An Investigation of the Comparative Effectiveness of Ibuprofen and Paracetamol in the Management of Orthodontic Discomfort

Main Article Content

Samiksha Chopra
Vasundhra Rampal
Akanksha Chopra
Deepak Jhumat


Aim: An investigation of the comparative effectiveness of ibuprofen and paracetamol in the management of orthodontic discomfort was carried out in a randomised clinical study. Material and methods: One hundred patients who were about to get therapy with a fixed appliance volunteered to take part in the trial. The experiment's subjects were randomly divided into two groups. Paracetamol (1 gramme, split into two caplets of 500 milligrammes each) was administered orally to participants in Group A, once an hour before the customary separator installation and again 6 hours after the first dose. Those in Group B were given 400 milligrammes of ibuprofen split between two caplets (for a total of 800 milligrammes) to be taken orally twice: first an hour before the standard separator installation, and again six hours following the initial dosing.  Results: On day 7, 82% (82) of individuals had pain levels below or equal to 10 mm on the VAS, necessitating a separate analysis of these data. This meant that there was an upward bias in the data. On day 7, respondents' VAS pain levels were categorised as either 0-10 mm (not significantly different from no pain) or 10+ mm (considerably different from no difference). If the patient's score was more than 10 millimetres, it meant that discomfort was still present. Pain scores higher than 10 mm on the VAS persisted in 24% (intention-to-treat analysis) and 26% (per-protocol analysis) of the paracetamol group, but in only 18% and 14% (intention-to-treat, P = 0.61; per protocol, P = 0.22) of the ibuprofen group. Conclusions: Compared to taking one gramme of paracetamol two hours prior to bedtime on the day of treatment and again after the placement of orthodontic separators, we found that taking 400 milligrammes of ibuprofen an hour before the placement of separators and again six hours after the initial dose was more effective. On the first and subsequent days of the trial, those in the ibuprofen group reported significantly less pain than those in the paracetamol group at most time intervals. The orthodontic pain that was felt the day after the separator was installed could not be alleviated by the two doses of ibuprofen used the day before.

Article Details

How to Cite
Chopra, S. ., Rampal, V. ., Chopra, A. ., & Jhumat, D. . (2023). An Investigation of the Comparative Effectiveness of Ibuprofen and Paracetamol in the Management of Orthodontic Discomfort. Journal of Coastal Life Medicine, 11(1), 635–641. Retrieved from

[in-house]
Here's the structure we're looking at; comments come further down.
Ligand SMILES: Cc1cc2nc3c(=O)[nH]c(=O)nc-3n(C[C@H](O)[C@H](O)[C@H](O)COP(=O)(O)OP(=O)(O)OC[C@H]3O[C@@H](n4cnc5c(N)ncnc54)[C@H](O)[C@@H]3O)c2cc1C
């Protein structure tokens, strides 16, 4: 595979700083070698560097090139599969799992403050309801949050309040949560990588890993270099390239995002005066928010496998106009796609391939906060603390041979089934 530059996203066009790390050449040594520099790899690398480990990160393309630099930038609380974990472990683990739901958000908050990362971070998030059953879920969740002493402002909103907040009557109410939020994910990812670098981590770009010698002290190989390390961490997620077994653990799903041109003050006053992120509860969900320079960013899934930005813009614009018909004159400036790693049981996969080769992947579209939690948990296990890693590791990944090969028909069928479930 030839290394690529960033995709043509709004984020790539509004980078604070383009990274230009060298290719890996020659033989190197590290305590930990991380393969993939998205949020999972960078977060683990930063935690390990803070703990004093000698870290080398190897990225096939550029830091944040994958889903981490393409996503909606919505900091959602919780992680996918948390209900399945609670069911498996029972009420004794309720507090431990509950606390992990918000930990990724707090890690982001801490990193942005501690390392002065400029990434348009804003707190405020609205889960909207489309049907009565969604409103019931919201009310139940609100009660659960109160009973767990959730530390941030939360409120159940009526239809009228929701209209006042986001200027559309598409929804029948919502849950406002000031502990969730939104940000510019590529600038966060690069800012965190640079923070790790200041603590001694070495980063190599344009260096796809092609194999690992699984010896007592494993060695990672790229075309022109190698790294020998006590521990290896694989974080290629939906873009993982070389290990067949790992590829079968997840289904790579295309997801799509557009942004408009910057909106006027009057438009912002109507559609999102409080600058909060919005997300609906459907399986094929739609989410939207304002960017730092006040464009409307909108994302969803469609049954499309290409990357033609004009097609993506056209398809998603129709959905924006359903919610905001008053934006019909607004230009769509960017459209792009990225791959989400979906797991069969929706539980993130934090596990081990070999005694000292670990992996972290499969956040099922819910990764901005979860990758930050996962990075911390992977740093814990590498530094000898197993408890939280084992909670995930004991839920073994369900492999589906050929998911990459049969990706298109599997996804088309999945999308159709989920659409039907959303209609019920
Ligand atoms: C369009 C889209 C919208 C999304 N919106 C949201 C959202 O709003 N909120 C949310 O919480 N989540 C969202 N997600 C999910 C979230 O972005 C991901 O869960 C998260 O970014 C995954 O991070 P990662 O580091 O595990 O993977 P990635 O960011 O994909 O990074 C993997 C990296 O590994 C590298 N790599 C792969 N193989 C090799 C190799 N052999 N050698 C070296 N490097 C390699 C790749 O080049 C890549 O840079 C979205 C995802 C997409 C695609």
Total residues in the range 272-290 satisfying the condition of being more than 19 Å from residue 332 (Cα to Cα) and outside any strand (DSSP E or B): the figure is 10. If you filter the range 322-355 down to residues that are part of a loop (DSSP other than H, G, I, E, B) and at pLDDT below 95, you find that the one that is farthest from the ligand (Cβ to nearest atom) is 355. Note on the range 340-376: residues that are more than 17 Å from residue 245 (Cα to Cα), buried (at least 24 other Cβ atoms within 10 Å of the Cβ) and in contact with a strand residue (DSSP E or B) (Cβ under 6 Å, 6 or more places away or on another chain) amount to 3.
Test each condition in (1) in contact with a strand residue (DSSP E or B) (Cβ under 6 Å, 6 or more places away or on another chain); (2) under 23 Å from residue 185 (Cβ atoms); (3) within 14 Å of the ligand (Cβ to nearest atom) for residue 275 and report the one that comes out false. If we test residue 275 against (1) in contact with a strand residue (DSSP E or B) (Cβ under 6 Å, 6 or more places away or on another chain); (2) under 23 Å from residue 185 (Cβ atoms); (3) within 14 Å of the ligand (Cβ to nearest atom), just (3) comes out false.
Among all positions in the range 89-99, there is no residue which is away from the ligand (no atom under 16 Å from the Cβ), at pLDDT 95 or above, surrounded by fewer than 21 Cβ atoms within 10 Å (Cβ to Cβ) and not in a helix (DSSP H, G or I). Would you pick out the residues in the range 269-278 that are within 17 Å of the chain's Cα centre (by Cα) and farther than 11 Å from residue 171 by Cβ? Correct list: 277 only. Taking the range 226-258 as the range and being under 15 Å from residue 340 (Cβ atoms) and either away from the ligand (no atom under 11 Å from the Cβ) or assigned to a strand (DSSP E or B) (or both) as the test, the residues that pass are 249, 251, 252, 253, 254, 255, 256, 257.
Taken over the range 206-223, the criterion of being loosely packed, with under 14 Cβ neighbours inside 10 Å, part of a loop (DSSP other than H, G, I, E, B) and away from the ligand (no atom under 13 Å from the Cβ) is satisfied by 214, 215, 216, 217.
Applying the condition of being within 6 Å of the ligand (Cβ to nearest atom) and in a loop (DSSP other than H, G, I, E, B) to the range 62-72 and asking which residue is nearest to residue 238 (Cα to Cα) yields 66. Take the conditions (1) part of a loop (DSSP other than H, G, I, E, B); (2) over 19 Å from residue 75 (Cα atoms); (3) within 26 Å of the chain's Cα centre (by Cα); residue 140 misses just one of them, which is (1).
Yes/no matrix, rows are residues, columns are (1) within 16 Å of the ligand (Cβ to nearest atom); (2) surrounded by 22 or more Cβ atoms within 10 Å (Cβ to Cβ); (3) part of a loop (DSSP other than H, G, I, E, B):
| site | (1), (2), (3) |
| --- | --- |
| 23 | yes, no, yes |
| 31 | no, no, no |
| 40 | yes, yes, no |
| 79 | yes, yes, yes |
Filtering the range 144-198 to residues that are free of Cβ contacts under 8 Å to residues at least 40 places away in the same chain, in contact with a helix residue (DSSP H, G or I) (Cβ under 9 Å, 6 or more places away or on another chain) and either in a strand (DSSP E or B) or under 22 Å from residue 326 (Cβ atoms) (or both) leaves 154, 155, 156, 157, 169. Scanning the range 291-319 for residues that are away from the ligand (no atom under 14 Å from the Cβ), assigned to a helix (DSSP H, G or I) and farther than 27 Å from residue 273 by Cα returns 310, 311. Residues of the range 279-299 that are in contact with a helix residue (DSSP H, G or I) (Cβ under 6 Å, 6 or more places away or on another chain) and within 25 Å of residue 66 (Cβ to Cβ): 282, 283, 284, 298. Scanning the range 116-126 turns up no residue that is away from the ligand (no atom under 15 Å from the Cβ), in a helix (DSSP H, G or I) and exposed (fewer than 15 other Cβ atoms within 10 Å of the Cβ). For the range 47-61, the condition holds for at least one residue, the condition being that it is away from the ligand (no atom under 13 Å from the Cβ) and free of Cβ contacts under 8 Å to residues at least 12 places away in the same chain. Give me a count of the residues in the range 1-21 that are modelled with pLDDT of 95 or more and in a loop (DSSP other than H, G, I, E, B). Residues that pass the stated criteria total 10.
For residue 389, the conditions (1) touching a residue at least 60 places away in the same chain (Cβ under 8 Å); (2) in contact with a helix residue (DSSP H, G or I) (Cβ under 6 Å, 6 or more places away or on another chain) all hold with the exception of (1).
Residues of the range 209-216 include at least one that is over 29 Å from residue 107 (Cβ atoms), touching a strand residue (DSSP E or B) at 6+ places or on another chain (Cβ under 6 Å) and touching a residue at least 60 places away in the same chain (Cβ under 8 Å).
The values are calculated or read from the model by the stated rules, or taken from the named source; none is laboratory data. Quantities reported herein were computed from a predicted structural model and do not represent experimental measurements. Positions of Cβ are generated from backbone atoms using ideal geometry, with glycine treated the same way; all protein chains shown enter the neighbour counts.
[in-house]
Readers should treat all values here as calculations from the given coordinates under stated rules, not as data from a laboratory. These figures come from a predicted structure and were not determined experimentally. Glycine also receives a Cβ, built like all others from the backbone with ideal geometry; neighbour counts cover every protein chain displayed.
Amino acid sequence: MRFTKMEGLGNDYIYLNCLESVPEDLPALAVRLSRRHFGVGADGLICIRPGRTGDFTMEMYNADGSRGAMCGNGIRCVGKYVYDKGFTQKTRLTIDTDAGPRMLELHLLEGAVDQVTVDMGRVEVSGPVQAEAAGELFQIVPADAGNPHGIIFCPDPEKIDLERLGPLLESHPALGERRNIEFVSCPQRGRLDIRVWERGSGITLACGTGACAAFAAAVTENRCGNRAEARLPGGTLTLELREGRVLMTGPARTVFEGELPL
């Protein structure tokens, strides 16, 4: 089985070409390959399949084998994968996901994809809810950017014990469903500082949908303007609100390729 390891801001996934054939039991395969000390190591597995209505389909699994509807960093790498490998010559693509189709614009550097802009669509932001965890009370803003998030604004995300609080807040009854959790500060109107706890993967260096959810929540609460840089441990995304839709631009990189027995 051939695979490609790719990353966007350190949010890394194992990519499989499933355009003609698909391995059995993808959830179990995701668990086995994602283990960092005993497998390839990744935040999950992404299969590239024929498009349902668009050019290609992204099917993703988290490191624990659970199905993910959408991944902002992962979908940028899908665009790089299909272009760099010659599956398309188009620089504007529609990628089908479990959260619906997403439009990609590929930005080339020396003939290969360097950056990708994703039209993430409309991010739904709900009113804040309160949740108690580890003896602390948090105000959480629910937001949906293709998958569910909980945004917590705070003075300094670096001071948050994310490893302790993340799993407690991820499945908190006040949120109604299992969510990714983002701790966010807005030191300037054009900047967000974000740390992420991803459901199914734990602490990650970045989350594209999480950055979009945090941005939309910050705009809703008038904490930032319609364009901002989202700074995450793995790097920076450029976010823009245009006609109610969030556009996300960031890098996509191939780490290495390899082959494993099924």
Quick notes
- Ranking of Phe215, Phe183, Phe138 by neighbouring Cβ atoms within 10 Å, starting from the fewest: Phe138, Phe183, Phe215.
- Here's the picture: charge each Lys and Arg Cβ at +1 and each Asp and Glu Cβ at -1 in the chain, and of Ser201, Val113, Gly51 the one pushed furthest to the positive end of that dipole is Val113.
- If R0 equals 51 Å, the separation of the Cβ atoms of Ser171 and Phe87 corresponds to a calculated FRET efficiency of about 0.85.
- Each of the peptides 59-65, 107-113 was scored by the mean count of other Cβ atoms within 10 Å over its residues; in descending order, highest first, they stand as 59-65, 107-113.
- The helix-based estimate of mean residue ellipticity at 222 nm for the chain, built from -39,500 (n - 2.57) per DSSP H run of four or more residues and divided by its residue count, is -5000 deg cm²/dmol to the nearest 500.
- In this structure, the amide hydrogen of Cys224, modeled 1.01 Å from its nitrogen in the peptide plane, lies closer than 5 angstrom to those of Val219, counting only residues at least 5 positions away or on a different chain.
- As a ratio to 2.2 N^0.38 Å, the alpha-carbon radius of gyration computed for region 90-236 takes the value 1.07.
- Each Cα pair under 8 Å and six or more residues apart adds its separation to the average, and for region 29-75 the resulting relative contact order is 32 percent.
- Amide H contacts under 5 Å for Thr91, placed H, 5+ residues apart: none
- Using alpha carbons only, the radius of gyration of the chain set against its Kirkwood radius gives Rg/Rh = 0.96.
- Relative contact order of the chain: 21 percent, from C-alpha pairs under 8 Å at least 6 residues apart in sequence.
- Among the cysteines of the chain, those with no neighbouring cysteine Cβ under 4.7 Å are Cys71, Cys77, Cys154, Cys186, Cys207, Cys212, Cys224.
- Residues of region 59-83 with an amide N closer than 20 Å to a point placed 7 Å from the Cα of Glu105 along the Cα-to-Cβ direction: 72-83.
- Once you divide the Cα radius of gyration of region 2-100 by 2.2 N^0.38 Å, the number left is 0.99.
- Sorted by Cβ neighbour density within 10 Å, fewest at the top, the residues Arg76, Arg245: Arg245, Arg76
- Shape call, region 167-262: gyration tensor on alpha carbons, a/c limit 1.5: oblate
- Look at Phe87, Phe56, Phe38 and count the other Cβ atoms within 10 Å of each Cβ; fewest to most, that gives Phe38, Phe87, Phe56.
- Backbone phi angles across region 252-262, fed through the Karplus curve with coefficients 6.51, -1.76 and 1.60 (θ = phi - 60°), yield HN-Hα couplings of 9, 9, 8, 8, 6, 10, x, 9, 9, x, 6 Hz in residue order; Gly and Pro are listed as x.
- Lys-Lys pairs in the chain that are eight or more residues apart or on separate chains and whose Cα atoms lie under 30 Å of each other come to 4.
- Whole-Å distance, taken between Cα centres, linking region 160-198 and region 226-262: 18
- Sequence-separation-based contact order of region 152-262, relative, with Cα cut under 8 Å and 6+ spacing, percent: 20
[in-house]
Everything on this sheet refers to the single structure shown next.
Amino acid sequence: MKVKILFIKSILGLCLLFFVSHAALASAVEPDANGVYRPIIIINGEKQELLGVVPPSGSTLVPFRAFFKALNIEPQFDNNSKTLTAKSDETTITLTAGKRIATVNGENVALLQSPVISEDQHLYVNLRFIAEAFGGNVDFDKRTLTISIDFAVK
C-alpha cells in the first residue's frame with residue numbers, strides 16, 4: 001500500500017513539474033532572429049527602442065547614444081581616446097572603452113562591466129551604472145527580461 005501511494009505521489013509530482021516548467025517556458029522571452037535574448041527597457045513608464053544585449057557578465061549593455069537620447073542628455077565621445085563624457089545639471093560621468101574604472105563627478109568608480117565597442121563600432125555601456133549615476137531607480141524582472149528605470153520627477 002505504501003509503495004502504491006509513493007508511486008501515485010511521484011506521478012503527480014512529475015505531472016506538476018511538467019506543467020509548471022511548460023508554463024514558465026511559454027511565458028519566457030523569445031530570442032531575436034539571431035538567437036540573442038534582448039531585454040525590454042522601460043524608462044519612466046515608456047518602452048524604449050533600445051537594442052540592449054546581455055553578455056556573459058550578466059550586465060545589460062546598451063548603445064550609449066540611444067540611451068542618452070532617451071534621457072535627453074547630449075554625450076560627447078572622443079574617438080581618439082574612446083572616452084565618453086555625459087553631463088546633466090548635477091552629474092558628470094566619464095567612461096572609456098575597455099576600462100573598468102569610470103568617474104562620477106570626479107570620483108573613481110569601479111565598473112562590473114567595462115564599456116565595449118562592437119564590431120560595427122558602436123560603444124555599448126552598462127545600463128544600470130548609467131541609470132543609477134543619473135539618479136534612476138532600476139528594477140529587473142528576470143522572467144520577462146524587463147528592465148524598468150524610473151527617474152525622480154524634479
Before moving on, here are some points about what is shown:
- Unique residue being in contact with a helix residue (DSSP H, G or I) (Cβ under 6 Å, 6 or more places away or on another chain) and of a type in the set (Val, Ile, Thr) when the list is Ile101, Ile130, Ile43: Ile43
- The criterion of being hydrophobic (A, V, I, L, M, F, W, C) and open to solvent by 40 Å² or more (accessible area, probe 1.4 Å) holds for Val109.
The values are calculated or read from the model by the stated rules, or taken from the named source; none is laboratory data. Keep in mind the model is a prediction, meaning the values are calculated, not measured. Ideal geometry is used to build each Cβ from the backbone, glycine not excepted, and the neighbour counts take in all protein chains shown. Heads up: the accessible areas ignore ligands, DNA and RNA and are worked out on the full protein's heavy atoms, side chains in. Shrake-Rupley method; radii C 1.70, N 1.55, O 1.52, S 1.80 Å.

Oliver RG, Knapman YM. Attitudes to orthodontic treatment. Br J Orthod 1985;12:179-88.

Ngan P, Wilson S, Shanfeld J, Amini H. The effect of ibuprofen on the level of discomfort in patients undergoing orthodontic treatment. Am J Orthod Dentofacial Orthop 1994;106:88-95.

Steen Law SL, Southard KA, Law AS, Logan HL, Jakobsen JR. An evaluation of preoperative ibuprofen for treatment of pain associated with orthodontic separator placement. Am J Orthod Dentofacial Orthop 2000;118:629-35.

Bernhardt MK, Southard KA, Batterson KD, Logan HL, Baker KA, Jakobsen JR. The effect of preemptive and/or postoperative ibuprofen therapy for orthodontic pain. Am J Orthod Dentofacial Orthop 2001;120:20-7.

Polat O, Karaman A. Pain control during fixed orthodontic appliance therapy. Angle Orthod 2005;75:210-5.

Vane JR. Inhibition of prostaglandin synthesis as a mechanism of action for aspirin-like drugs. Nat New Biol 1971;231:237-9.

Chandrasekharan NV, Dai H, Lamar Turepu Roos K, Evanson NK, Tomsik J, Elton TS, et al. COX-3, a cyclooxygenase-1 variant inhibited by acetaminophen and other analgesic/antipyretic drugs: cloning, structure, and expression. Proceedings of the National Academy of Sciences of the United States of America 2002;99: 13926-31.

Walker JB, Buring SM. NSAID impairment of orthodontic tooth movement. Ann Pharmacother 2001;35:113-5.

Kehoe MJ, Cohen SM, Zarrinnia K, Cowan A. The effect of acetaminophen, ibuprofen, and misoprostol on prostaglandin E2 synthesis and the degree and rate of orthodontic tooth movement. Angle Orthod 1996;66:339-49.

Powell CV, Kelly AM, Williams A. Determining the minimum clinically significant difference in visual analog score for chil- dren. Ann Emerg Med 2001;37:28-31.

Moher D, Schulz KF, Altman D, CONSORT Group. The CONSORT statement: revised recommendations for improving the quality of reports of parallel-group randomized trials. JAMA 2001;285:1987-91.

McAlinden RL, Ellis PE, Sandy JR. Report of an adverse incident in a randomized clinical trial. J Orthod 2005;32: 203-5.